Unfortunately, educational institutions react to federal loans in ways that disadvantage students. Instead of allowing students to attend college at the discounted rate after government subsidies, colleges use these subsidies to charge a higher tuition overall. The artificial stimulus inevitably leads to higher tuition prices overall, giving the illusion of tax-funded benefit in the short-term and increasing the burden of loans in the long-term.
This is not the only adverse effect of government-subsidized tuition. Universities disbursing federal aid often use the overall rise in tuition to increase prestige, lowering the price of school on the surface and thereby increasing demand. This leads to more competition, which eventually pushes out lower-income students, canceling out any “good” that student loan supporters purport.
Many studies have empirically corroborated Bennett’s thesis. Bradley Curs and Luciana Dar measure the changing of net prices in state financial aid policy and determine that overall tuition prices are lower when states increase merit-based aid over loans. Stephanie Cellini and Claudia Goldin contribute to the Bennett hypothesis even further with their findings on federal aid programs versus for-profit trainings, finding that students opt for the latter when the former prove too rigorous.
As de Rugy and Salmon conclude, “the evidence broadly suggests that institutions of higher education are capturing need-based federal aid.” The overall effect of federal student aid may have generated up to a 102 percent increase in tuition from 1987 to 2010.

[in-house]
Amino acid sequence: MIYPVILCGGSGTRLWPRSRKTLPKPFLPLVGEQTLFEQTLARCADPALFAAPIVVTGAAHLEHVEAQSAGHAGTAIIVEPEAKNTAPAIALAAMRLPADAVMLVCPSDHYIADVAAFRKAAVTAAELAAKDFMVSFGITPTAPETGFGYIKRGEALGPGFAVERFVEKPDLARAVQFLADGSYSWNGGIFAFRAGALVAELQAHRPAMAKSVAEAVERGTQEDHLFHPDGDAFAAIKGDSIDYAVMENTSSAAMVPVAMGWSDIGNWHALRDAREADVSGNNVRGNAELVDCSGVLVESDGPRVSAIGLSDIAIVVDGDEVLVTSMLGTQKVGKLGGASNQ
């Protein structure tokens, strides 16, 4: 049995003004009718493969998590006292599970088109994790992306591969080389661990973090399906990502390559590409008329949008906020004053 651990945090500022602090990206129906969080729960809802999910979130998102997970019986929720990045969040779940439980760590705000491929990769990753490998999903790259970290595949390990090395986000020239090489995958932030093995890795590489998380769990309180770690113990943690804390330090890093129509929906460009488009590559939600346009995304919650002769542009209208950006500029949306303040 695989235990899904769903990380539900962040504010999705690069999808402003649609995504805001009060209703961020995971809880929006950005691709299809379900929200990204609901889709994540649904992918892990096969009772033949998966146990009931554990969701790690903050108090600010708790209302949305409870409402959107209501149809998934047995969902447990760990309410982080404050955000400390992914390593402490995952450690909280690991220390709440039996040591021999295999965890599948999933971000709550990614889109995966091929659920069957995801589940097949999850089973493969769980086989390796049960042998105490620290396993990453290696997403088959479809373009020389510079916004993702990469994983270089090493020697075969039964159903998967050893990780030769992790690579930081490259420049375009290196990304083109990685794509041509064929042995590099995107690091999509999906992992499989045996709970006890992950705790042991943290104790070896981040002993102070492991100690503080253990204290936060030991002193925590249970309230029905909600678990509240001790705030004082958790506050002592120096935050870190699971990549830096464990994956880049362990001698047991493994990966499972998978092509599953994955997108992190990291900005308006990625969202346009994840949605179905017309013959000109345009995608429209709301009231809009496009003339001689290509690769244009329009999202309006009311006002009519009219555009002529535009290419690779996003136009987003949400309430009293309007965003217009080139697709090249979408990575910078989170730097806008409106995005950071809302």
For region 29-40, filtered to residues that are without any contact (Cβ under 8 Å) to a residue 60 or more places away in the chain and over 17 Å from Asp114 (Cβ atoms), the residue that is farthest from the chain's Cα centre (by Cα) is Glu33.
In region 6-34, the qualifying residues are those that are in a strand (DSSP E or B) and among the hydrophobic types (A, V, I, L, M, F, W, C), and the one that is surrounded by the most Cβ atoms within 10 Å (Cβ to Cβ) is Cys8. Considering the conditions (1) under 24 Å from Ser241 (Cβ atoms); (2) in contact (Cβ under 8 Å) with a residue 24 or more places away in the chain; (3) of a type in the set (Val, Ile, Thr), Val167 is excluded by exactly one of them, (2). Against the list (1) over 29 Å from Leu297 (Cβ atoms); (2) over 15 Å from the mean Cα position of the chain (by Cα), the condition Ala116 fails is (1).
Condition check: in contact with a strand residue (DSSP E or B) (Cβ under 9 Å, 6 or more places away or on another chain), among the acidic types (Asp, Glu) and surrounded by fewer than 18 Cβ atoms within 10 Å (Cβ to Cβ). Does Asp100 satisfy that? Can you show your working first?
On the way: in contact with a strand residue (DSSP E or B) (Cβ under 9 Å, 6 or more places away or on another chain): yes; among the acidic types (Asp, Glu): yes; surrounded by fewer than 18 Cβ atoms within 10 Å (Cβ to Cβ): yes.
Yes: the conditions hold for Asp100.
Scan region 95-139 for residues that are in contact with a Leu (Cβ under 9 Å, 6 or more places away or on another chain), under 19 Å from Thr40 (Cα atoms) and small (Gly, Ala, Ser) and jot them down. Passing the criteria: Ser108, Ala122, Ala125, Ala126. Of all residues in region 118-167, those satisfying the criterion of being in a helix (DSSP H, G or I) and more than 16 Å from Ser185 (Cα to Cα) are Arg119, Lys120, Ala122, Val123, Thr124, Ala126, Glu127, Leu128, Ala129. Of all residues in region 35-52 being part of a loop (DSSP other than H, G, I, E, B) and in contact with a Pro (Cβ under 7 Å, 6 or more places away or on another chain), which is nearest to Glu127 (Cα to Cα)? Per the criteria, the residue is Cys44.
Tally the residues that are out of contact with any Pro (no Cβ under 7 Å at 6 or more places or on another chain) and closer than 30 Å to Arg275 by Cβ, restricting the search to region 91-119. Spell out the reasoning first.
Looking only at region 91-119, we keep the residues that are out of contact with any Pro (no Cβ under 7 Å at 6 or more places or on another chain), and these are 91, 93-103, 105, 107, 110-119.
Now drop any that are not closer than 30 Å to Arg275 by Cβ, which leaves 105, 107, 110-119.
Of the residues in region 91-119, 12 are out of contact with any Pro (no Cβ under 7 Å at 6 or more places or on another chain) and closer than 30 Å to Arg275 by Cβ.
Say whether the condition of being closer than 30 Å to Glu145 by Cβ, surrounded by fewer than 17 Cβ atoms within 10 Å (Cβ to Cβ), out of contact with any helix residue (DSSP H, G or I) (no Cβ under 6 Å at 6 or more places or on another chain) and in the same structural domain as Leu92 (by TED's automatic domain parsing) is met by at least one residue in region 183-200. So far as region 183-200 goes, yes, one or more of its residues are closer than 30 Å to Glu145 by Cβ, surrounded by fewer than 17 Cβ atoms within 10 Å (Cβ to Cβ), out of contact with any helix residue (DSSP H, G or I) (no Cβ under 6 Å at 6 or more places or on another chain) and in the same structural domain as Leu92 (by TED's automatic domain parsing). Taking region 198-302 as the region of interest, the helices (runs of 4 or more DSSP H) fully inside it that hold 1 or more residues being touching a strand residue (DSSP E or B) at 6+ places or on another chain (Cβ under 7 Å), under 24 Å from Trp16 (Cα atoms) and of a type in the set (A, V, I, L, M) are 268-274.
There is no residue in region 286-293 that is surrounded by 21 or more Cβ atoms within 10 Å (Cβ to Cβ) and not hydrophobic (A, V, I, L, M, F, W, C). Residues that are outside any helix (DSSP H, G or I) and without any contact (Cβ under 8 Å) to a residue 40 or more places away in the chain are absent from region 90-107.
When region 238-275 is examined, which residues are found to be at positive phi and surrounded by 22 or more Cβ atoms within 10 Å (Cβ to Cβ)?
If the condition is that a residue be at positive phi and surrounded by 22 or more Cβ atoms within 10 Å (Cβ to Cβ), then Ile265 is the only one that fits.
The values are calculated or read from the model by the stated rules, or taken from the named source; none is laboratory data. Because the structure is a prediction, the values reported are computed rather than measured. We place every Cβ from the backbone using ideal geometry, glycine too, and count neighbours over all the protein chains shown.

Better Ways to Onboard Students
The past decades of experience with federal student loan programs shows they have been a well-intentioned but ultimately self-defeating failure. Rather than expanding higher education access to those who otherwise could not afford to attend college, federal loan and grant programs have made a university education more expensive for everyone.
Proposals to expand upon these policies will only make the problem worse. This is not to say there is nothing that can be done about higher education affordability. First, the federal programs that have led to runaway higher education costs should be reformed or disbanded.
Next, de Rugy and Salmon discuss alternative measures like institutional aid, which have empirically been found to expand access without increasing tuition costs or taxpayer liabilities. Institutional aid consists of grants which never need to be paid back, come at no cost to the tax-payer, and are awarded based entirely on merit, leaving room for students from all socioeconomic backgrounds. Perhaps this kind of aid would become more attractive in the absence of federal grant and loan programs.
Finally, the authors suggest that these federal programs may have had the adverse effect of encouraging young Americans to pursue a college education when vocational school or on-the-job training and apprenticeships may have truly been a better fit for them. Our population is diverse, with diverse skills and aims, and our educational policies should reflect that. Policymakers should consider how our laws encourage or discourage such pursuits, and amend them accordingly.